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NCAW has three separate parts: articles, reviews, and New Discoveries. In most issues, the articles and the reviews take up the lion's share of the journal. This time, we decided to highlight New Discoveries in an effort to encourage more authors to contribute to this section. The aim of New Discoveries is to focus on an object or small group of objects little known in the community of nineteenth-century art historians. In some cases, these works are indeed entirely unpublished. The porcelain-mounted library tables by Louis-François Bellangé, discussed in this issue by Sylvain Cordier, may serve as an example. In other cases, the work in question may have been published long ago but its subsequent disappearance from the scene may have caused it to be entirely forgotten. An example is Louis-Marius Garcin’s copy of Bellini’s Madonna degli alberetti, once owned by Théophile Gautier, discussed in this issue by Paolo Tortonese.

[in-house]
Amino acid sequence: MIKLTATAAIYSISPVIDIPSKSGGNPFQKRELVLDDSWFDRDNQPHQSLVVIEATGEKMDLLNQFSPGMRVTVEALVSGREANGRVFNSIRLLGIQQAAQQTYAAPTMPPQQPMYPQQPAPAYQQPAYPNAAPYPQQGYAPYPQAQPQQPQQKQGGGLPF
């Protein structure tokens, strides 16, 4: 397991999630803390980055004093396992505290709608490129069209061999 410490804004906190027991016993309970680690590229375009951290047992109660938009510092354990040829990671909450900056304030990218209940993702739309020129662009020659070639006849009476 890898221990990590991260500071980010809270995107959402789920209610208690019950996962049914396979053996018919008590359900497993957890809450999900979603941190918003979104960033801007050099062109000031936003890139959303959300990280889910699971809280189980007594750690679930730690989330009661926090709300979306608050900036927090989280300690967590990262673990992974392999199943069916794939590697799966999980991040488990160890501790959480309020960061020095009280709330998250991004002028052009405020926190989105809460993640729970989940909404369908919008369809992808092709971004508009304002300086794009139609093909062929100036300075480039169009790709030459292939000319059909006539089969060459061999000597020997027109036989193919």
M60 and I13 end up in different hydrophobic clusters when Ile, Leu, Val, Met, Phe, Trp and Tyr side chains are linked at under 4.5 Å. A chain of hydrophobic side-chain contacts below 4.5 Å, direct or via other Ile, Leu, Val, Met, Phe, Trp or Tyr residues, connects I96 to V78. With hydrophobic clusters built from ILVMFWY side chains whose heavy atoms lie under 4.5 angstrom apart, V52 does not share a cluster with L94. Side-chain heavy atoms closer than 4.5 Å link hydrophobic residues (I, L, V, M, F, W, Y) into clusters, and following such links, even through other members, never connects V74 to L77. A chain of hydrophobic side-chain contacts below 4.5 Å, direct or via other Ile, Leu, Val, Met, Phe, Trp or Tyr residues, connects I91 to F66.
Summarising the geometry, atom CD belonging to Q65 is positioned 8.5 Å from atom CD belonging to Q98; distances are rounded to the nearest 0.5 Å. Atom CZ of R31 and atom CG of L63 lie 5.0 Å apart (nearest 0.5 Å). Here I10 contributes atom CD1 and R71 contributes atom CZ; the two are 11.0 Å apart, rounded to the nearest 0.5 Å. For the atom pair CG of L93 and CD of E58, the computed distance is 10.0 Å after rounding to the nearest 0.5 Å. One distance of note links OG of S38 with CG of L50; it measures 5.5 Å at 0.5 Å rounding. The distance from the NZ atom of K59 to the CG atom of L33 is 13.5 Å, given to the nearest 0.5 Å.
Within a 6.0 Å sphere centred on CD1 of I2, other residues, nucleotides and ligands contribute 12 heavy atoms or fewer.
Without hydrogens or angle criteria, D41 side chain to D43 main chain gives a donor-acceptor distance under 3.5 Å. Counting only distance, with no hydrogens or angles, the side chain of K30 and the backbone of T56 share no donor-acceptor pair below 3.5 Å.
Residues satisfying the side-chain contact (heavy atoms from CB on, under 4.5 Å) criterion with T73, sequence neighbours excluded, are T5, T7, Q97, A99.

If you have an idea for a contribution for this section, please contact us; we welcome your ideas and suggestions. You may even want to pose a riddle to the readers of NCAW, along the lines of the one we posed in the last issue about the attribution of a painting descriptively titled Young Woman Lying on a Meadow Looking at Swans.